Aug 17, 2006

Summary justice on the Somme

The UK Ministry of Defense will pardon 306 World War I soldiers convicted of cowardice--a decision not withour controversy.
The Ministry of Defence's decision will have a strange effect on the writing of history since it will not be possible to ignore or obliterate the verdicts even though they no longer stand. How much better it would have been had the Ministry of Defence said: "We believe that the sentences were over-harsh and in the light of today's knowledge of combat stress and post-traumatic disorders, would probably not have been handed down today. However we cannot interfere with historical fact. We are therefore going to issue a statement regretting that these executions took place but we are going to let the verdicts on which they were passed stand."

There would be protests from those who dislike unpleasantness in any form - but these people are too tender to expose to the past. It was nastier than anything on reality TV, which is now thought to be the strongest meat the television-watching public can stand. It would be impossible to expose the real facts of the First World War on mainstream television, or even in the tabloid press, which requires truth to be sanitised for public consumption. That is what the 'shot-at-dawn' campaigners are really demanding: a sanitised version of the past.

Here's an unsanitized view.
A French military observer reported on one unknown double execution: "The two condemned. . . were tied up from head to toe like sausages. A thick bandage hid their faces. And, a horrible thing, on their chests a square of fabric was placed over their hearts. . .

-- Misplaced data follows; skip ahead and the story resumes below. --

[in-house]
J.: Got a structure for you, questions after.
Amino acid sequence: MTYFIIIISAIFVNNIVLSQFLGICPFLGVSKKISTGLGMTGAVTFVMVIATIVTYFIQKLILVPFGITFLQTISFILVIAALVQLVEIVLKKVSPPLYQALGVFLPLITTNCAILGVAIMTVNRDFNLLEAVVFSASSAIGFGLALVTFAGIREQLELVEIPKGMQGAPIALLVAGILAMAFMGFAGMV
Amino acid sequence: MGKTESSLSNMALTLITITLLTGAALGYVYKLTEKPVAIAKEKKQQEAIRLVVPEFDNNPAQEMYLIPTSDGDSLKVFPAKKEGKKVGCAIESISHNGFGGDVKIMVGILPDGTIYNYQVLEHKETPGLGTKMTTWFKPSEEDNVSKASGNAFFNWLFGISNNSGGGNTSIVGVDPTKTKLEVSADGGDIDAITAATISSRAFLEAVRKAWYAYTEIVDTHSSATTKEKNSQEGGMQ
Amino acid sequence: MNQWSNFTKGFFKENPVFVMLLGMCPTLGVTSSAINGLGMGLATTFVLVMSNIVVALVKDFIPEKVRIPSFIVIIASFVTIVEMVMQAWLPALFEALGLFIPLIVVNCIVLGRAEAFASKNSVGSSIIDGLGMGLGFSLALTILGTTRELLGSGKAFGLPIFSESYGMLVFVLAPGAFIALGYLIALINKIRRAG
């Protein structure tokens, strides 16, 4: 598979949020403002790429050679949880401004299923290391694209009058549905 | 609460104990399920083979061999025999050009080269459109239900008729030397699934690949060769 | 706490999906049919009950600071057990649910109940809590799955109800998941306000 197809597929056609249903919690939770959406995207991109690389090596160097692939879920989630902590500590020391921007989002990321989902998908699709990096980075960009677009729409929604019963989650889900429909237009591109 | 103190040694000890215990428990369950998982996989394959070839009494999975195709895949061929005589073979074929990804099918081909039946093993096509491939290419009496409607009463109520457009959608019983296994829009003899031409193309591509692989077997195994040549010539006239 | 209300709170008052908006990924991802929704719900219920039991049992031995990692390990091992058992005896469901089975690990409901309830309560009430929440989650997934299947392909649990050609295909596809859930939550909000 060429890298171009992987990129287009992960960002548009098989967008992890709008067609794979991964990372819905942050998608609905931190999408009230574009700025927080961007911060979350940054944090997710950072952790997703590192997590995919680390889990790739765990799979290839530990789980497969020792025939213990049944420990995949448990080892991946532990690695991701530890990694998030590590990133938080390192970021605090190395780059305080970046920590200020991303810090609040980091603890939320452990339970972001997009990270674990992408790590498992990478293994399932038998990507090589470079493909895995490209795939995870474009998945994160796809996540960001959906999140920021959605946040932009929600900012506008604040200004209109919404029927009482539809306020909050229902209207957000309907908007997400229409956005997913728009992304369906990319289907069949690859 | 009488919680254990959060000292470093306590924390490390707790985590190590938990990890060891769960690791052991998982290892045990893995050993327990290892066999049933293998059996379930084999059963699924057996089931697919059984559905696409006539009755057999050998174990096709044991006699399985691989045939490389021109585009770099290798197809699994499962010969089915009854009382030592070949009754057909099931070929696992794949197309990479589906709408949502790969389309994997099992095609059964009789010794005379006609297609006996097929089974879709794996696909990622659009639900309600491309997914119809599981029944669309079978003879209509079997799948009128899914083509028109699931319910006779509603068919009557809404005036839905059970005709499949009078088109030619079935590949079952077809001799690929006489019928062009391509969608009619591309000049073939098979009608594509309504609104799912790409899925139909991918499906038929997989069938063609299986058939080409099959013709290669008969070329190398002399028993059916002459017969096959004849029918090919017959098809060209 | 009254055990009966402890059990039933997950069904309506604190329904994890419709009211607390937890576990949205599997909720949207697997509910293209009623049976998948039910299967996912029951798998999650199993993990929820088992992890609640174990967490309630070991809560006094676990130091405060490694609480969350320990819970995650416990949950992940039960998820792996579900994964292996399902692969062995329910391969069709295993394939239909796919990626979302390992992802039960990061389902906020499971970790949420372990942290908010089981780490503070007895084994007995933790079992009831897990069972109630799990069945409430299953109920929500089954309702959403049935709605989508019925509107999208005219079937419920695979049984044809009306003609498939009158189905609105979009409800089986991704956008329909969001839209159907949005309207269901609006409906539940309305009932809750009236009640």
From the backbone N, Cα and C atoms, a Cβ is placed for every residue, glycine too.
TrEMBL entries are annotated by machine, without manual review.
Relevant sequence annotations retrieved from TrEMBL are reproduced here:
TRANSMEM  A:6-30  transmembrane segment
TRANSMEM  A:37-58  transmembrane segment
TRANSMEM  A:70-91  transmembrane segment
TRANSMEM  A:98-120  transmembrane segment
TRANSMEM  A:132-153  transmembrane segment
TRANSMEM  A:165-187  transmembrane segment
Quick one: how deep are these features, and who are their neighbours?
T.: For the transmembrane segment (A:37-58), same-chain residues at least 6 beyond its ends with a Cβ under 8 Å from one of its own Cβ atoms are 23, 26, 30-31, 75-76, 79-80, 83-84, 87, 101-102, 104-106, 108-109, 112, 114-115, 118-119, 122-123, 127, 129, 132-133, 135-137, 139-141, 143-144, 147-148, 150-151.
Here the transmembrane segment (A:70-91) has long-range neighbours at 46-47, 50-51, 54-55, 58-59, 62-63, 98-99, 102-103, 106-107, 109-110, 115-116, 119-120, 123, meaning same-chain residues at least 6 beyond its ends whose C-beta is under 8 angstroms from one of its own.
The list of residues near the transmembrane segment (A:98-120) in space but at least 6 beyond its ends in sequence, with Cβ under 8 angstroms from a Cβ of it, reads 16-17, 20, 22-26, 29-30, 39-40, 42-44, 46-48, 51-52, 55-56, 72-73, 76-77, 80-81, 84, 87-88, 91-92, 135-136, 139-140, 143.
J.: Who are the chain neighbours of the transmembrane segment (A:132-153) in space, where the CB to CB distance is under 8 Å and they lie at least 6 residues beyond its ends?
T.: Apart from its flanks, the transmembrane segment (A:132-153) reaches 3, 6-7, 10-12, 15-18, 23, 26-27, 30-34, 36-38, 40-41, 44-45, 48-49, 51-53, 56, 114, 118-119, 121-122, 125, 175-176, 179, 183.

"The unfortunate duo could not move. They had to be carried like two dummies on the open-backed lorry, which bore them to the rifle range. It is impossible to articulate the sinister impression the sight of those two living parcels made on me. The padre mumbled some words and then went off to eat!

"Two six-strong platoons appeared, lined up with their backs to the firing posts. The guns lay on the ground.

"When the condemned had been attached, the men of the platoon who had not been able to see events, responding to a silent gesture, picked up their guns, abruptly turned about, aimed and opened fire.

"They then turned their backs on the bodies and the sergeant ordered 'Quick march!' The men marched right past them, without inspecting their weapons, without turning a head. No military compliments, no parade, no music, no march past; a hideous death without drums or trumpets."

As the last linked article points out, the comrades of the condemned men more likely than not agreed with the verdicts--and the sentences. It was a different time. And there seems very little point in trying to rewrite history using current values as our yardstick.

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